But if you do love Jesus, listen to me now, do not let your hearts be troubled. Do you think the God who lavishes grace on us will design a world where you will be sad and without? No! He designs a place for us, where we will have Him. And because we have Him, He lavishes his grace on us into the coming ages ( Eph 2:7).
Look at the physical descriptions provided for us in this text.
Places/buildings (18-19 Jerusalem; 21 houses and fields; 25 mountain)
People (18) Business (23 Labor) Animals (25 wolf, lamb, lion, ox)
Future glory is a very physical, a very real world. We will not be ethereal ghosts that wish we could have what they used to have. You need to know that no joy you know in this life will be taken away in the age to come. In fact, because of life in the New Heavens and New Earth only improves, it’s beauty will only be ever-expanding, the joys there “are beyond any ecstasies known on earth.” In fact, we have every reason to think that the New Heavens and New Earth will be a realm where joy only and always increases.
- Its Glory will only Amplify (65.17-23b)
We get the picture sometimes that New Heaven and New Earth is a “static” place. The end happens, then, boom, it’s all over and we just exist in this paradise.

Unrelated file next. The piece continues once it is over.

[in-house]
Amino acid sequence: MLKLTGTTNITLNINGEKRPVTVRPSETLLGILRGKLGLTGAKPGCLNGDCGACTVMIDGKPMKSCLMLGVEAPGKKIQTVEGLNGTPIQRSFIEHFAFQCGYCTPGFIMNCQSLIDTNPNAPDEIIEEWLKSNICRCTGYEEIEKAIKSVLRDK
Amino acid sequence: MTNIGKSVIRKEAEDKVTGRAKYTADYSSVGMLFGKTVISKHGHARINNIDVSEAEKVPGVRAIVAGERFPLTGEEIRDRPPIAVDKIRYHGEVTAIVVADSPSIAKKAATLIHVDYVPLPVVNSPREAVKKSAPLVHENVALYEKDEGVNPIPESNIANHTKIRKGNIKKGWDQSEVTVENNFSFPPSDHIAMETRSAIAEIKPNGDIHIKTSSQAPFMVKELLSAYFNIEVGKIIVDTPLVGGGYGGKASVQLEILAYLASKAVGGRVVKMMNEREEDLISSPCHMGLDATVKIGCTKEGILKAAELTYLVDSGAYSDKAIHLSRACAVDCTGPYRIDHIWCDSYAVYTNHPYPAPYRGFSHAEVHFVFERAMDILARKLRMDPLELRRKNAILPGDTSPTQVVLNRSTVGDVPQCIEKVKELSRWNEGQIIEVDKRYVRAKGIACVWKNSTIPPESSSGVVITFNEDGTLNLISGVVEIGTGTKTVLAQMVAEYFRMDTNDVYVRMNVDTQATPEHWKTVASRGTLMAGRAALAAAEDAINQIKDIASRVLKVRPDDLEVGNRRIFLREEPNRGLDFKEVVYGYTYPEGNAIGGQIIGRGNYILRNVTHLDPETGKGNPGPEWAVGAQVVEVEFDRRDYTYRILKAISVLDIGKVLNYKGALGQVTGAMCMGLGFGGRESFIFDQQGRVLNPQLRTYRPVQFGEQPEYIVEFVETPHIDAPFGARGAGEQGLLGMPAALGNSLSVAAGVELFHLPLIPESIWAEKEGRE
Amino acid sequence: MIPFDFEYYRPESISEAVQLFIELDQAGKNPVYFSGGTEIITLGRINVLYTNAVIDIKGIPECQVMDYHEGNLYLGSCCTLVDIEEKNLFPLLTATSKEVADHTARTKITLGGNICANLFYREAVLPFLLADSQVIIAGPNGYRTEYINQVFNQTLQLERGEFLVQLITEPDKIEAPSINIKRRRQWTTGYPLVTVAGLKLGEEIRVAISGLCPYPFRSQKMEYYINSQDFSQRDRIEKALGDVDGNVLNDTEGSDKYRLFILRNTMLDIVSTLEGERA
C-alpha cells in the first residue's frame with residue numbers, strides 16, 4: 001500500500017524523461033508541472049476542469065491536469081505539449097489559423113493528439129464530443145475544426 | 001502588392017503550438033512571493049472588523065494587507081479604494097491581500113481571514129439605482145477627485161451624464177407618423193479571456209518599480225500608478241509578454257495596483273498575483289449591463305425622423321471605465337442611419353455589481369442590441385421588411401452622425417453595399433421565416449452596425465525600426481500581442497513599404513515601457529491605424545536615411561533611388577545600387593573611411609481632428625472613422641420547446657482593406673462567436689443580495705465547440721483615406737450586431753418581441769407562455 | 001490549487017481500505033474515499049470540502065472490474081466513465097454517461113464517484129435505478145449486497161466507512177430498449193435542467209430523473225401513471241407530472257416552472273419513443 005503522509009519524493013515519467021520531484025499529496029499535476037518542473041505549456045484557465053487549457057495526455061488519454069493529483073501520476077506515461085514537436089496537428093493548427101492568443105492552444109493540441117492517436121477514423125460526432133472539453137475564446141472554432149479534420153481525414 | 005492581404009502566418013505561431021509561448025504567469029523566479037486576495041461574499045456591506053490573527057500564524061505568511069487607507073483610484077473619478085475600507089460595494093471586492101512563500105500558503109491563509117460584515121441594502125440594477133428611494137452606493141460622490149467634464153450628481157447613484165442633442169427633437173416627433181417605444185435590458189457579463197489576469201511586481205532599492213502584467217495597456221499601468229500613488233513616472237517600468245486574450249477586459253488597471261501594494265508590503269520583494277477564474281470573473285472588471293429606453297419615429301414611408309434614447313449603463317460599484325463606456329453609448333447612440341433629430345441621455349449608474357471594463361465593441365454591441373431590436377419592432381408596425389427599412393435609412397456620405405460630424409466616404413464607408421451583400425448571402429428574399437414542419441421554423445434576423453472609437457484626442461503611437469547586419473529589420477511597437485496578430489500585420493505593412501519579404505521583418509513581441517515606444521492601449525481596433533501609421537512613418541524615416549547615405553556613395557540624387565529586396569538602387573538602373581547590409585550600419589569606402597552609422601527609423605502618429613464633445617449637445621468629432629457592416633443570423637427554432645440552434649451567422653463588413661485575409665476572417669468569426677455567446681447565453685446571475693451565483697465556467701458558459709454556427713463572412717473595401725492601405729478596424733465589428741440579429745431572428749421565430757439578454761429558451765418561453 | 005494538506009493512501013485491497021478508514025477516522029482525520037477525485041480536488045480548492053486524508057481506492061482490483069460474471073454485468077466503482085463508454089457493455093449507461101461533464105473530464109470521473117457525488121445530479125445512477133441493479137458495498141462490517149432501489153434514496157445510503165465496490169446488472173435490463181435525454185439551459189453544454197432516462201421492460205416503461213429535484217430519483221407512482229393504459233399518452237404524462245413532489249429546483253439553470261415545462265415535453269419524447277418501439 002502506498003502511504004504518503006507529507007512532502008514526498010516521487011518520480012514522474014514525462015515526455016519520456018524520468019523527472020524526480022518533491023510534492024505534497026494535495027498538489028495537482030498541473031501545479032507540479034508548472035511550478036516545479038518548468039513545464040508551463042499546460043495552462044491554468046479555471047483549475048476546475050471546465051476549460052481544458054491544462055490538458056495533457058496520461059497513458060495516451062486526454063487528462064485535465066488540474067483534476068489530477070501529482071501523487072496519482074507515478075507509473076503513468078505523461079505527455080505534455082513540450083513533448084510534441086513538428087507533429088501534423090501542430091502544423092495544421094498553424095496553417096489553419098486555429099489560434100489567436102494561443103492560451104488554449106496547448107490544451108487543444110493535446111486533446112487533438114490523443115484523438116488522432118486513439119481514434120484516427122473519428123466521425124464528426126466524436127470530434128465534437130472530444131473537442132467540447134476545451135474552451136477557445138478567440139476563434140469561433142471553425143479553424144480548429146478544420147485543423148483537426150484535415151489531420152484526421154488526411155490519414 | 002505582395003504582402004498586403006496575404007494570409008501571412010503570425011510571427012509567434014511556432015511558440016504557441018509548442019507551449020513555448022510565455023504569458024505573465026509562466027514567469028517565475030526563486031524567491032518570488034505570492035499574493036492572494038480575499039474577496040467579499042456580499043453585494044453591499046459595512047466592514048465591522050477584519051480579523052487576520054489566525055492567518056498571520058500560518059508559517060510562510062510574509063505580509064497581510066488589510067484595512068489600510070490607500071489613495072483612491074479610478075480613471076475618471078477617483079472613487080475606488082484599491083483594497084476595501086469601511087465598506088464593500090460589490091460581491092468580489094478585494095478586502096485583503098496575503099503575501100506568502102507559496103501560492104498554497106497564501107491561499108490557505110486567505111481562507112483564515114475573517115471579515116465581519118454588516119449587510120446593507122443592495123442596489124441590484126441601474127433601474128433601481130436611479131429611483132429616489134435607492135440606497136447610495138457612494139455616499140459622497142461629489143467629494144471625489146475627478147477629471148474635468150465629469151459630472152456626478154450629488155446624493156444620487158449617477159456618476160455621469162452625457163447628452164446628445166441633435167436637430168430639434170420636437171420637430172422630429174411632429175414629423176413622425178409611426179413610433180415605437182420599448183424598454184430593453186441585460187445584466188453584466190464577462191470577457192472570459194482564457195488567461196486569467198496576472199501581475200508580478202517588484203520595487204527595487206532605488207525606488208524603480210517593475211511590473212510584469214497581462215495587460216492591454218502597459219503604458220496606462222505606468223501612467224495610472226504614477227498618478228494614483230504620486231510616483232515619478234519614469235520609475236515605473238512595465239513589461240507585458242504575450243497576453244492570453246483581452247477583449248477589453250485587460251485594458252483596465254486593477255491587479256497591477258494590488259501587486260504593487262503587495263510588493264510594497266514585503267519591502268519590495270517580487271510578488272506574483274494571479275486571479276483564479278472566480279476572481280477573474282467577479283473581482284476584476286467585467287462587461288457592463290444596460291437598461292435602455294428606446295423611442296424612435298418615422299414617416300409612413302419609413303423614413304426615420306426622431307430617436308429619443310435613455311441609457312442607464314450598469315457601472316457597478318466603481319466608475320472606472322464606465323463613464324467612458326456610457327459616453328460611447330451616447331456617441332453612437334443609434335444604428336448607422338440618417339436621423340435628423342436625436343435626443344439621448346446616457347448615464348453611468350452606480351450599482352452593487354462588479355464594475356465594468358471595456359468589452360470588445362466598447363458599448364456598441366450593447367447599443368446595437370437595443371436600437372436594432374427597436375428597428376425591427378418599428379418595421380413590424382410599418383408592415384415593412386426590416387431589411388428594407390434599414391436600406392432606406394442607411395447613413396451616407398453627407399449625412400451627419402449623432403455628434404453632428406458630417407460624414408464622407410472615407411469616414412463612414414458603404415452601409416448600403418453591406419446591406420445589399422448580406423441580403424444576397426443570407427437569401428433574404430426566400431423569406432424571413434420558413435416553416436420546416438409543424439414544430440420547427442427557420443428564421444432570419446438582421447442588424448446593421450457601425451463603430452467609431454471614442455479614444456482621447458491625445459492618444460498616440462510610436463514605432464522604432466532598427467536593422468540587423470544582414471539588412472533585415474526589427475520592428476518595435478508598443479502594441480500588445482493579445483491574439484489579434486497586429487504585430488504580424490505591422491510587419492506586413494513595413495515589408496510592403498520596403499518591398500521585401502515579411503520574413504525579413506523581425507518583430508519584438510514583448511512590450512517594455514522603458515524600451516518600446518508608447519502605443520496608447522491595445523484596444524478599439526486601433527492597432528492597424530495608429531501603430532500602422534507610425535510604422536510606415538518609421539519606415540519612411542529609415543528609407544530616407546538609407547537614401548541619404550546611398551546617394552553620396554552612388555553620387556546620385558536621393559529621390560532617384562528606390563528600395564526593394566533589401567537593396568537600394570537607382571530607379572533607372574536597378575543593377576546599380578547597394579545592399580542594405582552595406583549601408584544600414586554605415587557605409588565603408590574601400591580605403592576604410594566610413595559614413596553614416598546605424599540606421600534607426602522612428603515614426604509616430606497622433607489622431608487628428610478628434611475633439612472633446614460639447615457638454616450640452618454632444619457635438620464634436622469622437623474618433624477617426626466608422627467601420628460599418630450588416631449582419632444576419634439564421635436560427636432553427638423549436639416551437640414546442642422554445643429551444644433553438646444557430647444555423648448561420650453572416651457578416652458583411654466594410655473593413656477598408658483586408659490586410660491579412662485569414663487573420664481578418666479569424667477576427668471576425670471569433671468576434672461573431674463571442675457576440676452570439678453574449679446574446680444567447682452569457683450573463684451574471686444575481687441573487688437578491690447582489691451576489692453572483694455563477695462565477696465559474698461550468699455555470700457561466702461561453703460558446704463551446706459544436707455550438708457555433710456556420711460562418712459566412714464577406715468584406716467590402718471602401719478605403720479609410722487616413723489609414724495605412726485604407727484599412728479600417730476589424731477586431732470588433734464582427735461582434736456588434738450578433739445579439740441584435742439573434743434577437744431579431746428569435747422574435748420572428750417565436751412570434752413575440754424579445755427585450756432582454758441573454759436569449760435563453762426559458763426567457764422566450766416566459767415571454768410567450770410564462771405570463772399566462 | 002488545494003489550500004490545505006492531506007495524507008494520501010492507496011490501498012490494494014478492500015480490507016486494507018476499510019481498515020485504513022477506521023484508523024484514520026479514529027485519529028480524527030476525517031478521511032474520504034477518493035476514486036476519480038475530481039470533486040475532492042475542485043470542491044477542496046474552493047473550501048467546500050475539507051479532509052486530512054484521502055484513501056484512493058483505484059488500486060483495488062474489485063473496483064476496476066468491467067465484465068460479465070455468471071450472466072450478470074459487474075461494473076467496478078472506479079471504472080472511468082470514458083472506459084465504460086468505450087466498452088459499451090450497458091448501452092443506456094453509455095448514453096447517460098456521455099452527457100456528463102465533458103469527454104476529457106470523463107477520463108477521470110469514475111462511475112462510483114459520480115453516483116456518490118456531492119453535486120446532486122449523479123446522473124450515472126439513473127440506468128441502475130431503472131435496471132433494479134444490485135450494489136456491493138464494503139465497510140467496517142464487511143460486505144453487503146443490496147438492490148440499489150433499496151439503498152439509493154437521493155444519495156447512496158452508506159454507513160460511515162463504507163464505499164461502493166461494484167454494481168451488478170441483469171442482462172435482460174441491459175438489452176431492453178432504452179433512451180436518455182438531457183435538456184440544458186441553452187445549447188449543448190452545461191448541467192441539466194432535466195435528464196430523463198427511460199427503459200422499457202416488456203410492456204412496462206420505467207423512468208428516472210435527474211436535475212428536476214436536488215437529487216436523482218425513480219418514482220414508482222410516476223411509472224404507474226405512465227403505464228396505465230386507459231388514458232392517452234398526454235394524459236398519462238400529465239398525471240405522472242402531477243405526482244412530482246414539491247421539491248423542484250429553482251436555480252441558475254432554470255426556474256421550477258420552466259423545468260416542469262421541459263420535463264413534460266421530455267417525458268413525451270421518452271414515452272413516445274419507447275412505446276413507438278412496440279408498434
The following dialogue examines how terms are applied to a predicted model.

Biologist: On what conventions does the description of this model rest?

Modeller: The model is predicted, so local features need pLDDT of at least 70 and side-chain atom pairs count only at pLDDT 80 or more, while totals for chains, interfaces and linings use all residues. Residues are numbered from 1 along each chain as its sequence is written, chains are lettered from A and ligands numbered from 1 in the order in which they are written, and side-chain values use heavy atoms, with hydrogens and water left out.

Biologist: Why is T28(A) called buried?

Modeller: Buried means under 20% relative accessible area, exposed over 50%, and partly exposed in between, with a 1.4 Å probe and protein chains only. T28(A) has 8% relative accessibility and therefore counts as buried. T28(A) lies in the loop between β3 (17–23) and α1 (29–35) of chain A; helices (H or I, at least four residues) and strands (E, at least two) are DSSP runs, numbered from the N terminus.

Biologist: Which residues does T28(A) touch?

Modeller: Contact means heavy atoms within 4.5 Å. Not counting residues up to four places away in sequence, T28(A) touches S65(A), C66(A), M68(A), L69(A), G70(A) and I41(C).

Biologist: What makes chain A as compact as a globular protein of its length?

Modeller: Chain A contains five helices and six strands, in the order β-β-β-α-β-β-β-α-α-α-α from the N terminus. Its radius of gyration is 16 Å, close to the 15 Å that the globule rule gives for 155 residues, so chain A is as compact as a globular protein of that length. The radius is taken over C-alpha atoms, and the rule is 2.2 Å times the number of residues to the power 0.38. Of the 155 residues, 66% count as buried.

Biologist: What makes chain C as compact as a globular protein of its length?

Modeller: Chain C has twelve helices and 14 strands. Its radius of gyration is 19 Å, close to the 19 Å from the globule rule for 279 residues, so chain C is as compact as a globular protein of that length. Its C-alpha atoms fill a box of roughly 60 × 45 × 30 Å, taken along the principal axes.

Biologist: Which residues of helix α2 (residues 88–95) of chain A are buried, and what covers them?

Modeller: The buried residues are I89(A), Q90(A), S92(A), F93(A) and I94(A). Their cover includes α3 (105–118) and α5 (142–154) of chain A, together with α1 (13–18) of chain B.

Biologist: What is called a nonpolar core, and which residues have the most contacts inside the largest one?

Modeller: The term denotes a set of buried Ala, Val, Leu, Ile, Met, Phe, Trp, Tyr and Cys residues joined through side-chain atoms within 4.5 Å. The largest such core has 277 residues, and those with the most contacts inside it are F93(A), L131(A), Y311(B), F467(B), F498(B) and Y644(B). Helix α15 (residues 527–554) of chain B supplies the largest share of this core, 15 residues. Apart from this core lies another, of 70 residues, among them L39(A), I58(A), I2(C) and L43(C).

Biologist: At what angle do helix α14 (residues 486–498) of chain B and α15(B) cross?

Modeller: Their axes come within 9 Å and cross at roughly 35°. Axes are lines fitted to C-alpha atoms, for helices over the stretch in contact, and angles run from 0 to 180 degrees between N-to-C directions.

But notice that this is a new heaven and a new earth. The full sense of that term is that it has a renewing newness. This is what Isaiah means in verse 20 and 23. Now, Isaiah is speaking poetically here because, if he wasn’t, we would have to assume that he’s telling us we will still die after 100 years (or a few weeks like the infant, or people must have vineyards). That’s not what he means. This is a way of saying that we won’t wear out like we used to (1 Cor 15). What this has to mean is that life connected to God in the age to come is continually renewing. It’s progressing.
Jonathan Edwards explains it saying men in the New Heaven and New Earth are free from sin, but we are not as perfect as we shall ever be. We get to grow up, like little babies, into maturity. There is no indication that won’t have skills or occupations or things to learn. Thus, as we go on, we get more perfected, and therefore the New Heavens and New Earth only gets more glorious. And our joy there, therefore, only increases. The ultimate purpose for which we are saved is Ephesians 2:7. Hear this, “ages.” It is not a momentary celebration, and then boredom. And then we sit around sippin’ coffee talking about our past.